Inspiration for this column came from participating in my first outdoor art festival of the 2013-14 season. The Goodland Holiday Bazaar, sponsored by the Goodland Civic Association, was an unqualified success according to organizers, vendors and visitors. (I received many kind congratulations on the event, but must state again that other than showing up, I had nothing to do with it. Kudos to Connie Fulmer, Noreen Seeger, Natalie Strom and their hardworking team of volunteers.)
This is one of my favorite events for several reasons. Unlike the more formal juried shows I do, this one is more about supporting the village that has supported me for many years. It’s casual; it’s fun; it’s close to home; and I get to spend the day surrounded by people dear to me in a lovely venue — the MarGood Harbor Park.
And it’s what I refer to as my “shake-down cruise.” (You folks with boats will get the metaphor.) First, I have to haul out all the gear I stowed away last April; okay, first, I have to find all the gear I stowed away last April. Second, I must remember how everything works and where it goes, and third, I must decide what new bits to add and what old bits to discard/replace. Goodland, for me, is an extremely non-judgmental environment. If I miss a trick or two, it’s okay. Hopefully, by the end of the weekend, I’m all sorted and ready to cruise through season.
Of course, the reality I face each year is that I’m a year older. The tent is heavier, and so are the tables and gear boxes. The bending, lifting and hauling is more strenuous, and the little details are getting more slippery to my scattered mental faculties. So, I start earlier. I plan more. Make adjustments, and make several more trips before I’m all together. And yes, I’m reminded of just how much WORK goes into this crazy business. (Do you know a nastier four-letter word?)
One week prior, I start gathering all the bins, buckets and braces, the racks, the tie-downs, the display equipment. I try to make sure I’ve got all my PR materials (Dang, that elusive guest-book! Where the h*** is it?) I must remember the credit card machine, a bankroll for making change, sales slips and all my proper signage — if only! I also must send out notices through email, Facebook and assorted media outlets announcing that I’m to be in the show. I mean it may be a fun event, but it still is about sales.
Opening eve, all this gear, plus the actual artwork, gets loaded into the van in a manner that makes for sensible unloading in the pre-dawn hours on site. I go to bed with a sore back and a mind humming with, “What did I forget?”. Oh well, it’s not St. Augustine, or even Naples, it’s Goodland. Practically my backyard, and my heroic husband will make multiple trips to the house for…duct tape!…my portfolio!…Bungee cords and scissors! And yes, the dang guestbook!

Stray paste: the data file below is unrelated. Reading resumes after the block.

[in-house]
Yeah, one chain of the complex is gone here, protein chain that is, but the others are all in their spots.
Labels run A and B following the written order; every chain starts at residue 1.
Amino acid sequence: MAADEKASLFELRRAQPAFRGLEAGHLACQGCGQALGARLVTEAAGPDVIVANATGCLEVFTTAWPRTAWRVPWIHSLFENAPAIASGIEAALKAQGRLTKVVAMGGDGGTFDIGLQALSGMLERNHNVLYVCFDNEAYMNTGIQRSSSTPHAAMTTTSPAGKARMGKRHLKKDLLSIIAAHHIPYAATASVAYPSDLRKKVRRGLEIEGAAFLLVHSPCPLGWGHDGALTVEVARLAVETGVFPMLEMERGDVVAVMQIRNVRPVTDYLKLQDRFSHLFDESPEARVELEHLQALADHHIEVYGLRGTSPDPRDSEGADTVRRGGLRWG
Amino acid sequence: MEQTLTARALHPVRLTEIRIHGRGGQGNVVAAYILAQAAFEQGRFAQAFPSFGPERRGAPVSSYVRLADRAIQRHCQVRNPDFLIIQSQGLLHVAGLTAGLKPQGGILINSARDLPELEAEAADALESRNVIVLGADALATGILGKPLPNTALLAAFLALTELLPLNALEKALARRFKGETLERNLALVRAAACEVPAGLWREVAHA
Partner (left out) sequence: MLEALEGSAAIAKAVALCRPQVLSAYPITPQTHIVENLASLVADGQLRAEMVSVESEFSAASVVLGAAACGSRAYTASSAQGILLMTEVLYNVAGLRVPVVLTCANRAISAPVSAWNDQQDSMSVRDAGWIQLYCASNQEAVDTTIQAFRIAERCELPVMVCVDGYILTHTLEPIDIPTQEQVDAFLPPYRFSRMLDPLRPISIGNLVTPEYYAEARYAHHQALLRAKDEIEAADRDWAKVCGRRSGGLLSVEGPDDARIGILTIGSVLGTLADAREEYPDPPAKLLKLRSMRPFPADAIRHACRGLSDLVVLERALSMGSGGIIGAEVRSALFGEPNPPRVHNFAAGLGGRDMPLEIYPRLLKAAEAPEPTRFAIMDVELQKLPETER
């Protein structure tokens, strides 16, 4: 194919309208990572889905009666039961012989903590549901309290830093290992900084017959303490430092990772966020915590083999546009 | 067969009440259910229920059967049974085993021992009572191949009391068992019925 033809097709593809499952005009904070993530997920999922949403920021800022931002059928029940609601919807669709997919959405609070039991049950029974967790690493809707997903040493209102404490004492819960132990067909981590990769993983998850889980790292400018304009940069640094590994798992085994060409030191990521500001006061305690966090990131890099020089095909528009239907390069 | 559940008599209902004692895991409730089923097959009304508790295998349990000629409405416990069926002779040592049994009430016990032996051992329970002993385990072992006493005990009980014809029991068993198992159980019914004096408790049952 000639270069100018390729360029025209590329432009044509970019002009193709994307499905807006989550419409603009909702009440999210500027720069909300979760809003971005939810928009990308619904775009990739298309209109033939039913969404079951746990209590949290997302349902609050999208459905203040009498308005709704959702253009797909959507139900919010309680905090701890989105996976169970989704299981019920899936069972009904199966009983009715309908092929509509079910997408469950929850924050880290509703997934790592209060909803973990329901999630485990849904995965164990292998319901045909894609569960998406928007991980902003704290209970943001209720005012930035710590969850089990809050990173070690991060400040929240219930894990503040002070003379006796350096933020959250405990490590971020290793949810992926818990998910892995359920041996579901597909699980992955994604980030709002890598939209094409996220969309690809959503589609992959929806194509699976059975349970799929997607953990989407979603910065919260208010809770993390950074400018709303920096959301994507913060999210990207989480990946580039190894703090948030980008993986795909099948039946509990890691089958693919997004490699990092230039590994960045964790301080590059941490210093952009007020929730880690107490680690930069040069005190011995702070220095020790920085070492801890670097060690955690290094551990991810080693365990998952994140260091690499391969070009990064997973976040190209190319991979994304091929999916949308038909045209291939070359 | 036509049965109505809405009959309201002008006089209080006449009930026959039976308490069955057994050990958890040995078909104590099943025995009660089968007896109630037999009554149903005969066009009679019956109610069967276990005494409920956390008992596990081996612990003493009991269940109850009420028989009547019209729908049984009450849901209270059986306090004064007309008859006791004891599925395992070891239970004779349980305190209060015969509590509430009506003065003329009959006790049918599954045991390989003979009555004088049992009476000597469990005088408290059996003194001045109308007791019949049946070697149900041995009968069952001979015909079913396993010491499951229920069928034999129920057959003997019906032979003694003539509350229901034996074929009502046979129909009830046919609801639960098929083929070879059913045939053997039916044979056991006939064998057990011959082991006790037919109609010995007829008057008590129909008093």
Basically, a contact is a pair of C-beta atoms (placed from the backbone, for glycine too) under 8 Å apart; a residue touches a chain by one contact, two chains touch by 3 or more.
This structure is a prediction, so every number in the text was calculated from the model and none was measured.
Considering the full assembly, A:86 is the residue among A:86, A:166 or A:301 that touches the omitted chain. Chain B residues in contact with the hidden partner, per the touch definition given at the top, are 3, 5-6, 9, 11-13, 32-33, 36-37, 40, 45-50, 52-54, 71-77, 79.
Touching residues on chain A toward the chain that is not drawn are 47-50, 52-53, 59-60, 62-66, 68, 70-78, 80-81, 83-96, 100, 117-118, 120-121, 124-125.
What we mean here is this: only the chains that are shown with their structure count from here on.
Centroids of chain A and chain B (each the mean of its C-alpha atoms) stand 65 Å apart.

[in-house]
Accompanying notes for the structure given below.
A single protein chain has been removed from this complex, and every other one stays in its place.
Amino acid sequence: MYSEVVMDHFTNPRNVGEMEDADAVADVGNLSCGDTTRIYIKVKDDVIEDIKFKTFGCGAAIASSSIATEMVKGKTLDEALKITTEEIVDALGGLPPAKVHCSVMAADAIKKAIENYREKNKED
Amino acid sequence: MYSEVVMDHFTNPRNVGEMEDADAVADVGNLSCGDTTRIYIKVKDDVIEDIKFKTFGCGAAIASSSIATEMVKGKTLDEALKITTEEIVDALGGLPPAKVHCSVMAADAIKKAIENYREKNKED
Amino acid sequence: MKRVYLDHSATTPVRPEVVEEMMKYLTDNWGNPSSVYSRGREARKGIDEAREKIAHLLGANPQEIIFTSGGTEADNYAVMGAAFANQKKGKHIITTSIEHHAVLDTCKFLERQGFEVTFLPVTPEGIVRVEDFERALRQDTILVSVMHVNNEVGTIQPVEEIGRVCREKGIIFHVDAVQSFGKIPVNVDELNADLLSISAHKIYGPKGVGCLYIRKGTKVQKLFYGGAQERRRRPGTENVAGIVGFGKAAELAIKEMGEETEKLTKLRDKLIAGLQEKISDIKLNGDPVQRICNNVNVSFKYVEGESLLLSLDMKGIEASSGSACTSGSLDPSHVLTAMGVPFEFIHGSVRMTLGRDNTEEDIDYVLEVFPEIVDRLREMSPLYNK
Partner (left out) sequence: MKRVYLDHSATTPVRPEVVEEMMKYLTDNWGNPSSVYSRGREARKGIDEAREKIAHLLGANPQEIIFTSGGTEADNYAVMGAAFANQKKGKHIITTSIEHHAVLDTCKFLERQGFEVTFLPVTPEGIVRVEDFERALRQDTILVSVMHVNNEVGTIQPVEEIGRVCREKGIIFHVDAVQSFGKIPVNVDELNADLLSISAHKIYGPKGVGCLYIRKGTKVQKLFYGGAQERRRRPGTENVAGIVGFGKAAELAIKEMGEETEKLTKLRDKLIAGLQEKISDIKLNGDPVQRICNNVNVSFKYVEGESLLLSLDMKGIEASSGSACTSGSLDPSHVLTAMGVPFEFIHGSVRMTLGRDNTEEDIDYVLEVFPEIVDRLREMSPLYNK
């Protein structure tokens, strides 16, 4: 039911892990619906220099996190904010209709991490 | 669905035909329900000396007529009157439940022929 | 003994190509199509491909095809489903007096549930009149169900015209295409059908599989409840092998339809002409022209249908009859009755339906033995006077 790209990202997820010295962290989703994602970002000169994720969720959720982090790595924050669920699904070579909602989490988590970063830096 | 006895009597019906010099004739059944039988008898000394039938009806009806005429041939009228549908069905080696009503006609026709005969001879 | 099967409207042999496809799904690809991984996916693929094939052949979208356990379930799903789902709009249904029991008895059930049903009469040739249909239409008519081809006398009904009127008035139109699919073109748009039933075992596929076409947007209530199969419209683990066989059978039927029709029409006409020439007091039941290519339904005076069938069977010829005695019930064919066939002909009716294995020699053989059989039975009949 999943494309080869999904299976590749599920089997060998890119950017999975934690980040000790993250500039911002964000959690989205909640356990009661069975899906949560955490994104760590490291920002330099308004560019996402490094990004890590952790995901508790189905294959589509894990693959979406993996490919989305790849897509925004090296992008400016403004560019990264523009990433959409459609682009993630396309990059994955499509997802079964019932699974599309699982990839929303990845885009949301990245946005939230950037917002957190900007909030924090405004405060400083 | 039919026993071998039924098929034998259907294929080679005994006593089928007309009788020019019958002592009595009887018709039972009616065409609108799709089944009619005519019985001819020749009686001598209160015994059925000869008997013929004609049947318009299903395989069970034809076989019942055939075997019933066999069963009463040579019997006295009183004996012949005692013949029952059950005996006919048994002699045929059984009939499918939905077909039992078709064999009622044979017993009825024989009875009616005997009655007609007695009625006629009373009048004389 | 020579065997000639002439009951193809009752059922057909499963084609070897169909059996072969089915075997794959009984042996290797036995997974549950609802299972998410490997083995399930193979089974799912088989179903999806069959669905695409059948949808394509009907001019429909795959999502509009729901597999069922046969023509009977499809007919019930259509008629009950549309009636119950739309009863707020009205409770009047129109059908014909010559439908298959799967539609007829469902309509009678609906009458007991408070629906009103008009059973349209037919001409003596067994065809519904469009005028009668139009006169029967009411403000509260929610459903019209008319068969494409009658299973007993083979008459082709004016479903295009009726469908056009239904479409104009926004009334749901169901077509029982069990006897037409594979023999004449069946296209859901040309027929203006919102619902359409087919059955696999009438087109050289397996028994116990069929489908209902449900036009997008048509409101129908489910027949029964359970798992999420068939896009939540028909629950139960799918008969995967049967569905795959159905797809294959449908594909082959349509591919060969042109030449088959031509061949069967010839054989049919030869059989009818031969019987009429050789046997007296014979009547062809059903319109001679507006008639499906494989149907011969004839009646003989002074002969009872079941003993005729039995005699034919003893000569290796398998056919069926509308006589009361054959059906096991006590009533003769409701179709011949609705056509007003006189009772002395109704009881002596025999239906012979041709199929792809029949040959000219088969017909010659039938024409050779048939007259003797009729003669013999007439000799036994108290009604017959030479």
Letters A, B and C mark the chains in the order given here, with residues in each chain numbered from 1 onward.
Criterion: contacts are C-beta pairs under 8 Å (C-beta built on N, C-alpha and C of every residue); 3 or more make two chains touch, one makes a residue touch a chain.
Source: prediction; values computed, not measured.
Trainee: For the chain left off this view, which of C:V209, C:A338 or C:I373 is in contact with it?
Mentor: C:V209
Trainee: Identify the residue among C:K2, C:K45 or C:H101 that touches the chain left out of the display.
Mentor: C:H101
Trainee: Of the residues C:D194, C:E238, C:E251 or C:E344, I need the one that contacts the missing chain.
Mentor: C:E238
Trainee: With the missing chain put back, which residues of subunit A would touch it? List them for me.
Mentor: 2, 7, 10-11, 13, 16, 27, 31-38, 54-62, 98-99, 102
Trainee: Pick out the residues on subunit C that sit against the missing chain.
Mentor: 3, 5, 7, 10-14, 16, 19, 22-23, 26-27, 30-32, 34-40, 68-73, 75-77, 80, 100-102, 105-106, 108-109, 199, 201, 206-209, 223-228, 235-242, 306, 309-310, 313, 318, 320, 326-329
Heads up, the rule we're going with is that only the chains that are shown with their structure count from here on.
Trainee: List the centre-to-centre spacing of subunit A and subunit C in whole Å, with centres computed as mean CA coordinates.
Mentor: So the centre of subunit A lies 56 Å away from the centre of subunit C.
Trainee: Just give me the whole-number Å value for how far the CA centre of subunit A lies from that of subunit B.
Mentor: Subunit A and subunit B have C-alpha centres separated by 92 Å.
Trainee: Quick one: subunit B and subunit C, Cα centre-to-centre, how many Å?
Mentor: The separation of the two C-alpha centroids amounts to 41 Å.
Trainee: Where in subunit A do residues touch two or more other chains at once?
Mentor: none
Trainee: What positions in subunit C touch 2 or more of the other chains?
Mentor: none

Then, it’s show day. Up before dawn cracks a smile (though I do expect she is having a good giggle at my expense); fill the thermos with strong coffee; grab a to-go breakfast sandwich from the Red Rooster (the best); and off to join my other art-carnies for two hours of unloading, hauling and assembling. And…voila! It’s a gallery. The nice part is that it is a two-day show, so at the end of this long day, I can just zip the whole she-bang up, go home and saunter in the next morning with coffee in hand and ready for biz by 10 AM.
Now, it’s a second day of interacting with the crowd, obtaining new clients and trying to cultivate future ones. All in all, a most successful weekend. Then, after the last visitor wanders off, we all must deconstruct our traveling galleries, haul them all back to our vans and trucks and reload — thoughtfully — with the idea of unloading always in mind. When I look at the ceramic artists or stone sculptors, all I can thing is “ouch!”.
I would not call any of this a labor of love. I would, however, call it a commitment to something we love. And I would definitely call it WORK.
Here’s the funny (or not) part and the real impetus behind this article: During one of the days (can’t remember which) a very sweet woman came to say hello. She knows me from a part-time restaurant job I have, and the first thing she said to me was, “So, you’re not working today?” Honestly, I didn’t know whether to laugh or cry.